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Toward a Positive Theory of Coalition Formation and Endogenous Instrumental Choice in Global Pollution Control

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  • Finus, Michael
  • Rundshagen, Bianca

Abstract

The paper analyzes the coalition formation process in a global emission game with asymmetric countries where the number of signatories, the abatement target and the policy instrument are chosen simultaneously. Exemplarily, a uniform emission reduction quota and an effluent charge are considered. Stability is analyzed in a supergame framework by applying the concept of coalition-proofness. The analysis also considers the impact of impatient agents, restricted and simple punishment profiles. Two main results may be mentioned: First, paradoxically, IEAs achieve only little (if signed at all) if the externality problem is distinct. Second, the authors' model helps to explain the frequent appearance of emission quotas in international pollution control despite the recommendations by economists to use market-based instruments like effluent charges. Copyright 1998 by Kluwer Academic Publishers

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  • Finus, Michael & Rundshagen, Bianca, 1998. "Toward a Positive Theory of Coalition Formation and Endogenous Instrumental Choice in Global Pollution Control," Public Choice, Springer, vol. 96(1-2), pages 145-186, July.
  • Handle: RePEc:kap:pubcho:v:96:y:1998:i:1-2:p:145-86
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    1. Johan Eyckmans & Michael Finus, 2006. "New roads to international environmental agreements: the case of global warming," Environmental Economics and Policy Studies, Springer;Society for Environmental Economics and Policy Studies - SEEPS, vol. 7(4), pages 391-414, December.
    2. Michael Finus & Ekko Ierland & Rob Dellink, 2006. "Stability of Climate Coalitions in a Cartel Formation Game," Economics of Governance, Springer, vol. 7(3), pages 271-291, August.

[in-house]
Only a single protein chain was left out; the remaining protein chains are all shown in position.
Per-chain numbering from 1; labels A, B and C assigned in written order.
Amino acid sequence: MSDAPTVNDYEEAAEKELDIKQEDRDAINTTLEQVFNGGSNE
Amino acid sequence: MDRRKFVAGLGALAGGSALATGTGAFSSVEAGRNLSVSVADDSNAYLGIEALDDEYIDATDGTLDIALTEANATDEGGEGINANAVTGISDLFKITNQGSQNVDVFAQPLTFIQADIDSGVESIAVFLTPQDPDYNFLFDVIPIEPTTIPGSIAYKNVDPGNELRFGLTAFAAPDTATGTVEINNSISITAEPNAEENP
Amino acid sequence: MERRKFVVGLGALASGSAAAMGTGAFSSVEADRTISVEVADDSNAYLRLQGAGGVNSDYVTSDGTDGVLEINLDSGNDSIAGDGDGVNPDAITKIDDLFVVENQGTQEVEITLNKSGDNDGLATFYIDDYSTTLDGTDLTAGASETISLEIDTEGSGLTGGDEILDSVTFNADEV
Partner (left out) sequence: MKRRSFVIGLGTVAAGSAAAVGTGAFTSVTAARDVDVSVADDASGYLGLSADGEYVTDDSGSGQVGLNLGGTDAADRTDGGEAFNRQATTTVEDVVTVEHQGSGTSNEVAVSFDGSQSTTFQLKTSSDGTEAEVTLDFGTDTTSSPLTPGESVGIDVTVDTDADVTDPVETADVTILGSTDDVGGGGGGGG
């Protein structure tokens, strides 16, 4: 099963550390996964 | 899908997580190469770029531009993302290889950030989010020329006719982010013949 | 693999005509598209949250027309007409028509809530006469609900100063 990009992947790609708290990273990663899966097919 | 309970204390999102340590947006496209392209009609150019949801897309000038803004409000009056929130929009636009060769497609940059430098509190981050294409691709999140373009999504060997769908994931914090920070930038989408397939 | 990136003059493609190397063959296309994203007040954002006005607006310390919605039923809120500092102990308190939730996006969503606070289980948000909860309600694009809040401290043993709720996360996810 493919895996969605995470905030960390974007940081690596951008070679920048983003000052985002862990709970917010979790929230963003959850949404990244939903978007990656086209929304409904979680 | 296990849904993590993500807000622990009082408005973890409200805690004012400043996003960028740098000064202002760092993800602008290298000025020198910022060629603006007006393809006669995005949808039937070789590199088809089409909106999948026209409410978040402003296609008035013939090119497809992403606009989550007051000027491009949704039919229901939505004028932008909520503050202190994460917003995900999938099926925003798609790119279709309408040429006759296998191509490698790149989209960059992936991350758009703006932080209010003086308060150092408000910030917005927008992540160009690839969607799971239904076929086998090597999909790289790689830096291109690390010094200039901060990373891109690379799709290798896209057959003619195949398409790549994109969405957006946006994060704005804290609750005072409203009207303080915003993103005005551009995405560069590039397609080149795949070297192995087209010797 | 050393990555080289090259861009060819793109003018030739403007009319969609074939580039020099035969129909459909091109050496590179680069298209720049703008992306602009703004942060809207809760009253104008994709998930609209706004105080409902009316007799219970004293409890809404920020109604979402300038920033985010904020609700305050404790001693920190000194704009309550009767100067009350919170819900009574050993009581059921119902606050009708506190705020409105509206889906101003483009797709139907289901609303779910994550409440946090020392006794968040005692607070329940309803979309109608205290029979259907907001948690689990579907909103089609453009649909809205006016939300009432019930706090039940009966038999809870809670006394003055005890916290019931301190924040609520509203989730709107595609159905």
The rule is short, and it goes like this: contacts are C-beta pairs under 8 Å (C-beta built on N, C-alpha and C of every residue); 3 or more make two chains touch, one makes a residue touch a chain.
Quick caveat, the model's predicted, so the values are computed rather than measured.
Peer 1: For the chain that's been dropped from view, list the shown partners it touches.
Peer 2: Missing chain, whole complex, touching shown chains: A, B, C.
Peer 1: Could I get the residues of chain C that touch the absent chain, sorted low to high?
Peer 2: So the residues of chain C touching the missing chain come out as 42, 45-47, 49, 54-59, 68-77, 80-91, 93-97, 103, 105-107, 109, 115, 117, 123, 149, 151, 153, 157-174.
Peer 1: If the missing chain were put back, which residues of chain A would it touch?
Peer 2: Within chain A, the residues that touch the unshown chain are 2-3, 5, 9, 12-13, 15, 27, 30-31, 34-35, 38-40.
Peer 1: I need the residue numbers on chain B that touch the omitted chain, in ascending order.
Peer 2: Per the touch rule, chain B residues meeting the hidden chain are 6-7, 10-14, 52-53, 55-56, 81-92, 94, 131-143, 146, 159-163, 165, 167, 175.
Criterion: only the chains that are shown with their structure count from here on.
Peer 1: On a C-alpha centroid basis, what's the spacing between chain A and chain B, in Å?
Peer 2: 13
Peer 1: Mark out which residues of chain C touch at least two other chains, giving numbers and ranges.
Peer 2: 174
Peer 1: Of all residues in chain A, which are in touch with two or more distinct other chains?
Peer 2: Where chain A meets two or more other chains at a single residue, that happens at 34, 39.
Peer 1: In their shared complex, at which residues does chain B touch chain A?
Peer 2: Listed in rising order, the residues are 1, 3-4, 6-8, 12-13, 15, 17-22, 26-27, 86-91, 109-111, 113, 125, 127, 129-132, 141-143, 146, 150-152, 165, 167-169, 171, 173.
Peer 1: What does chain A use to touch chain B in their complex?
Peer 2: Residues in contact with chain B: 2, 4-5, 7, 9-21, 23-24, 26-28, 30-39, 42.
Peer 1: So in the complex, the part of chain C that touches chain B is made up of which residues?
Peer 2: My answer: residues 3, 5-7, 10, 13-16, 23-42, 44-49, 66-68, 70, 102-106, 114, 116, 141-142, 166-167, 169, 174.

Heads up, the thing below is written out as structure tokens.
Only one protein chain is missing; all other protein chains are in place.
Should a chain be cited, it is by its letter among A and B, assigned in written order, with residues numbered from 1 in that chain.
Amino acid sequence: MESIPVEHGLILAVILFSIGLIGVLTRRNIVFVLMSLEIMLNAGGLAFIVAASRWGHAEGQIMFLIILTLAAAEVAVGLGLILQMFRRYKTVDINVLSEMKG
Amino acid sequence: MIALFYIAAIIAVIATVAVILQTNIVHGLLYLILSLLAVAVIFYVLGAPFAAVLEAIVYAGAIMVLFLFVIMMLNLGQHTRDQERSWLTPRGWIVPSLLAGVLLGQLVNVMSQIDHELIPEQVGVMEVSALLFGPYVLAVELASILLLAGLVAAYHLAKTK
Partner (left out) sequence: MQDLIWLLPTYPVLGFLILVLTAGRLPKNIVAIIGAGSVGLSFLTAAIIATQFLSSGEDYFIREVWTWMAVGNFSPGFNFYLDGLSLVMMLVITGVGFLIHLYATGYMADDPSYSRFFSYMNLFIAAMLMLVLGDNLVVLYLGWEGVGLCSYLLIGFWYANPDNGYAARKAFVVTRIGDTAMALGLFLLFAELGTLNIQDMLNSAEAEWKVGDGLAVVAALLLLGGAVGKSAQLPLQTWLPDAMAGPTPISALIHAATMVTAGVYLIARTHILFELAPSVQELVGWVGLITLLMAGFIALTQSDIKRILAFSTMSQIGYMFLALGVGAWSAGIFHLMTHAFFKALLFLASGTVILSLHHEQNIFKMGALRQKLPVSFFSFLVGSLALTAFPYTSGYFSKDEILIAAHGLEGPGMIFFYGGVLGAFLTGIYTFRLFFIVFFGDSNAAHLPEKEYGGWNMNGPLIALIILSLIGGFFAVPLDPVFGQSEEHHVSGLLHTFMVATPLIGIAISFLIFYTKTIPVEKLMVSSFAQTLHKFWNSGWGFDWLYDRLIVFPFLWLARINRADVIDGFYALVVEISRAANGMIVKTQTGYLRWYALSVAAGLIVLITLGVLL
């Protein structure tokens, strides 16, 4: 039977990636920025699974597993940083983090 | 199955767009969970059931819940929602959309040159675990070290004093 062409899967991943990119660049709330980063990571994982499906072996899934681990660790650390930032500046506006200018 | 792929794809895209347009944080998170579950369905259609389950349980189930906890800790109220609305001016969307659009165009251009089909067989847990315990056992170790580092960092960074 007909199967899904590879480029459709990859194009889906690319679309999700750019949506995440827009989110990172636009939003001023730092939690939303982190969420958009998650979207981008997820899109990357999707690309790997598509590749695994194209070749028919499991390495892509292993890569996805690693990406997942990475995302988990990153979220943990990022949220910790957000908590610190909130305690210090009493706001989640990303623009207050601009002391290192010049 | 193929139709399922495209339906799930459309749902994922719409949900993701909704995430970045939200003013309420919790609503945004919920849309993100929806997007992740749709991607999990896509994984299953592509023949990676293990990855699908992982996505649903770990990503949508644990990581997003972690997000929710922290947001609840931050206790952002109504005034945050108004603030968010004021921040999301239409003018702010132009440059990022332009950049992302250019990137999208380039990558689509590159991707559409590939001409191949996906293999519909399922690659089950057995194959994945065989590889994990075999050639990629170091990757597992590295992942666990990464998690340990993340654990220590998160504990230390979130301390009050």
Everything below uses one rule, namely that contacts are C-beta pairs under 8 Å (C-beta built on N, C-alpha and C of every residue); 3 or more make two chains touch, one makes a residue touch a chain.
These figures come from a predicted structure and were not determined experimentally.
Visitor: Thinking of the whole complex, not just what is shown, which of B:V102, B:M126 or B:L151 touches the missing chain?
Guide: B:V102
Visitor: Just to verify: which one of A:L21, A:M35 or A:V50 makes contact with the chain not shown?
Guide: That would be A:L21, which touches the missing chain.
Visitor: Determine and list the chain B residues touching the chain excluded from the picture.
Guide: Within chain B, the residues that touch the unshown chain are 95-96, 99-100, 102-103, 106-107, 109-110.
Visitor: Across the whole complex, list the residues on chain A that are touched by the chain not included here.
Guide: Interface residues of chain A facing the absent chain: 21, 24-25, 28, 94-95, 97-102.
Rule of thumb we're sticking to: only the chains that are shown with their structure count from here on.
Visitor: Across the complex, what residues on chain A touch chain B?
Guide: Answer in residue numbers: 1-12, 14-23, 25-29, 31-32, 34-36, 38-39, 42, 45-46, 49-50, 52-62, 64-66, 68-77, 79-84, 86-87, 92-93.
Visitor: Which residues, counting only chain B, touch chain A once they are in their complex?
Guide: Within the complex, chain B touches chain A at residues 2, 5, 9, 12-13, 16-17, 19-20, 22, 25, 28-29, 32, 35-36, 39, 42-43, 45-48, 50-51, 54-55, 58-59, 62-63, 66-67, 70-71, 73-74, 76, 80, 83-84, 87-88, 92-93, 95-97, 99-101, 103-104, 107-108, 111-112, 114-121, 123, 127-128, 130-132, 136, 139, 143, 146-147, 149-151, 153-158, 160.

3. Alfred Endres & Michael Finus & Frank Lobigs, 2000. "Symbolische Umweltpolitik im Zeitalter der Globalisierung? - Zur Effektivität Internationaler Umweltverträge aus Ökonomischer Sicht," Perspektiven der Wirtschaftspolitik, Verein für Socialpolitik, vol. 1(1), pages 73-91, February.
    4. Froyn, Camilla Bretteville & Hovi, Jon, 2008. "A climate agreement with full participation," Economics Letters, Elsevier, vol. 99(2), pages 317-319, May.
    5. Alfred Endres, 2008. "Ein Unmöglichkeitstheorem für die Klimapolitik?," Perspektiven der Wirtschaftspolitik, Verein für Socialpolitik, vol. 9(3), pages 350-382, August.
    6. Meißner, Nathalie, 2013. "The incentives of private companies to invest in protected area certificates: How coalitions can improve ecosystem sustainability," Ecological Economics, Elsevier, vol. 95(C), pages 148-158.
    7. Finus, Michael & Tjotta, Sigve, 2003. "The Oslo Protocol on sulfur reduction: the great leap forward?," Journal of Public Economics, Elsevier, vol. 87(9-10), pages 2031-2048, September.
    8. Johan Eyckmans & Michael Finus, 2003. "Coalition Formation in a Global Warming Game: How the Design of Protocols Affects the Success of Environmental Treaty-Making," Energy, Transport and Environment Working Papers Series ete0317, KU Leuven, Department of Economics - Research Group Energy, Transport and Environment.
    9. Bigerna, Simona & Bollino, Carlo Andrea & Micheli, Silvia, 2016. "Renewable energy scenarios for costs reductions in the European Union," Renewable Energy, Elsevier, vol. 96(PA), pages 80-90.
    10. Michael Finus & Bianca Rundshagen, 2003. "How the Rules of Coalition Formation Affect Stability of International Environmental Agreements," Working Papers 2003.62, Fondazione Eni Enrico Mattei.
    11. Michael Finus, 2004. "Modesty Pays: Sometimes!," Working Papers 2004.68, Fondazione Eni Enrico Mattei.

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